Definition of Academic Dishonesty:In addition to the bringing of charges against the student for academic dishonesty and plagiarism as outlined in the paragraphs following the above quote in the Student Handbook, the university authorizes each professor to set additional policies not less strengent, but more strengent than the above stated policy. In this class, the following policy will be strictly enforced:
Academic Dishonesty is the deliberate and knowing misrepresentation of one's academic work. A student is dishonest when two circumstances occur: (1) The student could reasonably be expected to know that his/her professor would disapprove of some aspect or circumstance of the student's academic work; and (2) the students submits work to the instructor for evaluation while hiding that particular aspect or circumstance from the instructor. To do so is clearly dishonest because the instructor will evaluate the work as what he/she understands it to be. The student has deceived the instructor by misrepresenting the work, and the evaluation has not been rightly earned. From another perspective, academic dishonesty may be viewed as the use of unauthorized assistance in any work which is to be evaluated--"unauthorized" meaning that the professor would not approve of the form of assistance received and is unaware of its use. The student is being dishonest if he/she deliberately hides this assistance from the instructor while knowing the instructor would not approve of this assistance. If the instructor is unaware of the assistance that has been received he/she will evaluate the work as being entirely the student's own. Thus, the evaluation has not been fairly earned by the student. Furthermore, any student who knowingly gives unauthorized assistance is also guilty of academic dishonesty. On tests and examinations academic dishonesty occurs when a student receives any assistance that the professor has not expressly permitted. It may take the form of looking on another student's test paper or bringing into the test site any information or materials not expressly permitted by the professor. Both of the above definitions of academic dishonesty apply: The student has misrepresented the test as being entirely his/her own work. Furthermore, the student has received unauthorized assistance.
On research papers, reports and other written assignments a form of academic dishonesty is plagiarism, which is the use of someone else's information or exact words without properly "documenting" or identifying that source. Whenever someone else's exact words are used those words must be properly punctuated as a quotation and the source fully identified. Also, any information or ideas which have been taken from a source other than the student's own personal knowledge – book, article, interview, etc. – must be properly documented, even though the student may be rephrasing the information in his/her own words. A student should not hesitate to consult the professor about any question or uncertainty regarding proper documentation of research information. A professor may often allow and even encourage students to work together on assignments or receive assistance from other students, other faculty members, other university staff members, friends, family or others. However, if the professor has not expressly allowed such assistance and expects the assignment to be done entirely by the student, to do otherwise would be dishonest. The student should consult the professor if there is any doubt about outside assistance being allowable....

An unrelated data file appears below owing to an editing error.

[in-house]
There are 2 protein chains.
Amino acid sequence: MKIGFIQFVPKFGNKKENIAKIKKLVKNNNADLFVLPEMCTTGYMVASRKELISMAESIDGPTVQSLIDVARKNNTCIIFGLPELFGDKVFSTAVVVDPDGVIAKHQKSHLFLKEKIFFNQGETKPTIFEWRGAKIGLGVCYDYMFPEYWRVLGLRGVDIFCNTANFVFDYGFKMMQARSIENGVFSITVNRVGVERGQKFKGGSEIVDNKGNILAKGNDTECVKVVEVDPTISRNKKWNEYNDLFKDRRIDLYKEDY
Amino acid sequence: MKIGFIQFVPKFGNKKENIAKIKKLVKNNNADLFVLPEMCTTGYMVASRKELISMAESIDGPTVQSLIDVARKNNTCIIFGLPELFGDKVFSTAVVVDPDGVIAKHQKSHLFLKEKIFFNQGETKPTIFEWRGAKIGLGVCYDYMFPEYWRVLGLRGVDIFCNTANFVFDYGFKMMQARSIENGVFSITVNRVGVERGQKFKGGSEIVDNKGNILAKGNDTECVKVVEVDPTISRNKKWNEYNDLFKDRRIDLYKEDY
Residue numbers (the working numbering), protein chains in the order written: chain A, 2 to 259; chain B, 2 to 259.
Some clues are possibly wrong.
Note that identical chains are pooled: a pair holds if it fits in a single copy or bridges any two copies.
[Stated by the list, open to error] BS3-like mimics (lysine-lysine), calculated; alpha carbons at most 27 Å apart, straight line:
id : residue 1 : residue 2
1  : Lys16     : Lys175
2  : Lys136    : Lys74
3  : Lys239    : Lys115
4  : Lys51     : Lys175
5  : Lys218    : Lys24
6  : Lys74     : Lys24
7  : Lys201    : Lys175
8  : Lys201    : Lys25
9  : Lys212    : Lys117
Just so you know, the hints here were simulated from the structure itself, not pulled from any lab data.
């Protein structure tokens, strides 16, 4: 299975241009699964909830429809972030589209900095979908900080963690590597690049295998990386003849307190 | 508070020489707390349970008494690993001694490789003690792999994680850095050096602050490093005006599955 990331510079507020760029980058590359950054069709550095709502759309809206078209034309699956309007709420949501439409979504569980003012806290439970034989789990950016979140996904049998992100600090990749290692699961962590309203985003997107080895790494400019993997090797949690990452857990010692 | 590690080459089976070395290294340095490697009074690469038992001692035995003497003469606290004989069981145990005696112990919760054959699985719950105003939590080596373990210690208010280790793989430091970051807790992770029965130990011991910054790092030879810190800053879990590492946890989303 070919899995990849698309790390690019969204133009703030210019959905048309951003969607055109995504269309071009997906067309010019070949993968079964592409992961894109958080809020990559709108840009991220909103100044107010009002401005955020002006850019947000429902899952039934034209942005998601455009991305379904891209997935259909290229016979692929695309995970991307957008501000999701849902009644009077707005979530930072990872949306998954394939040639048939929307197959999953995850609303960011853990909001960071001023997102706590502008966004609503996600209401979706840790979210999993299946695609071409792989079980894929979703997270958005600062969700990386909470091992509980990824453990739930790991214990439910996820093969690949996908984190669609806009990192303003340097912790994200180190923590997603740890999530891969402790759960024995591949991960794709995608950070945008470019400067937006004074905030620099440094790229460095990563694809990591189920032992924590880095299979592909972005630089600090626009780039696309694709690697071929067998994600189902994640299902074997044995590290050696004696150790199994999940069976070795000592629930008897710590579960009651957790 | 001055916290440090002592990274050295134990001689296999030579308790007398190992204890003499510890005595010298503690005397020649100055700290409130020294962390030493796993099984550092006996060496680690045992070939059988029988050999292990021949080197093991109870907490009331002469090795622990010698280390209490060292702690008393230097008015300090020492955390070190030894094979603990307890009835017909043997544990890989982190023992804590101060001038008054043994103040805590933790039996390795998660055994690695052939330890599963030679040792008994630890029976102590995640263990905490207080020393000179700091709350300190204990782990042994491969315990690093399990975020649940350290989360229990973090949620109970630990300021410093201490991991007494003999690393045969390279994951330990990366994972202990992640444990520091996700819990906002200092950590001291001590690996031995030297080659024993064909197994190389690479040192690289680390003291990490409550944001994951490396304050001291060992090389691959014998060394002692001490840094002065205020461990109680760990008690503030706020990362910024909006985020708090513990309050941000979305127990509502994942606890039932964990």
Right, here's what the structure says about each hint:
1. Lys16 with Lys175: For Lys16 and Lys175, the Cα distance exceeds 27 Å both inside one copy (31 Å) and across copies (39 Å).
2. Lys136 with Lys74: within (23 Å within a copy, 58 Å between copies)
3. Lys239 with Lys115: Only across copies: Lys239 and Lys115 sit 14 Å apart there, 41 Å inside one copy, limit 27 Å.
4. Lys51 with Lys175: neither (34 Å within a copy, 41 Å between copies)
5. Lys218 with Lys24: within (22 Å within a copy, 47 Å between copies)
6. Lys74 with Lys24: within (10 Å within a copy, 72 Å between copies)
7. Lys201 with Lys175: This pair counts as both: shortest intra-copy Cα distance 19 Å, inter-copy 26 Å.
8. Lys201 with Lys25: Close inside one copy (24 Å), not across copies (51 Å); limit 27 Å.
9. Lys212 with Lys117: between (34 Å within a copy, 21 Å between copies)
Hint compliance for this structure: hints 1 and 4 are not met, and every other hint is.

The examples above are not intended to be a full list of cases of academic dishonesty, but they illustrate the definition. Ultimately, academic dishonesty amounts to deliberately hiding something from the professor. So the best advice is this: Whenever in any doubt, consult the professor."The minimum penalty for cheating or plagiarism will be a zero for the work submitted. Violations of an egregious or repeated nature may, upon investigation, result in the offender's receiving an F grade for the entire course.
Please remember that the purpose of an honor system is not to seek out cheaters, but to ensure the integrity of the hard work that each of you will be contributing to this course. Good, honest students deserve to have their hard work and preparation protected against the rare individual who hopes to slide by on someone else's efforts.
Religion 102 classes will take place in Lindsey Hall (#5 on the map) room 214. The one exception is the first day of classes, when the class will take place in Dover Library (#49 on the map), computer lab. Religion 102 M will meet in Lindsey Hall room 214 on Tuesdays and Thursdays, 1:15 to 2:30 pm. Check Schedule page for times and locations of other sections.
All students needing accommodations to participate fully in all class activities and to fulfill requirements of the class should notify me of the need as soon as possible. Persons must be certified as having a disability by the Noel Program for Students with Disabilities in order to receive accommodations.Career Opportunities.
The Career Services Office has marvelous services available to GWU students and alumni for job assistance. You need to get your resume posted with them and take advantage of the services Holly Sweat and her assistants provide. Career Servies is proud to announce that the majority of their resources can now be accessed via their website: www.careers.gardner-webb.edu. Upcoming events, career fairs, campus employer recruitment and the Jobs Bulleting are just a few of the resources available on the site. Be sure to take advantage of all Career Services has to offerContact the office at 704 406-4562, their web site at http://www.careers.gardner-webb.edu, or go by their office at Suite 204 in the Dover Campus Center.
Class Cancelation Notices.
When classes are canceled due to bad weather, you can find this information posted on GWU's web site or call 1- 877-GWU-SNOW. Additionally, area radio -- especially the university's radio station WGWG at 88.3 FM -- and TV stations will be notified of the closing. Very rarely will classes on the Boiling Springs campus be closed for bad weather. Additionally, for this course only, a notice will be posted in the Course Room 101 Bulletin Board just as quickly as the university officially announces the cancelation of classes that will impact this class.
In the event of the need to evacuate the building, the professor will immediately and quickly take roll (if not previously taken). Persons in the classroom will be directed in an orderly fashion to the nearest building exit (indicated by posting in the hallway). Persons will proceed to a gathering point previously designated by the professor (at last 300 feet away from the building). The professor will once again take roll at the designated gathering point. No one should enter the building until instructed by the University Police or other designated personnel on off-campus sites.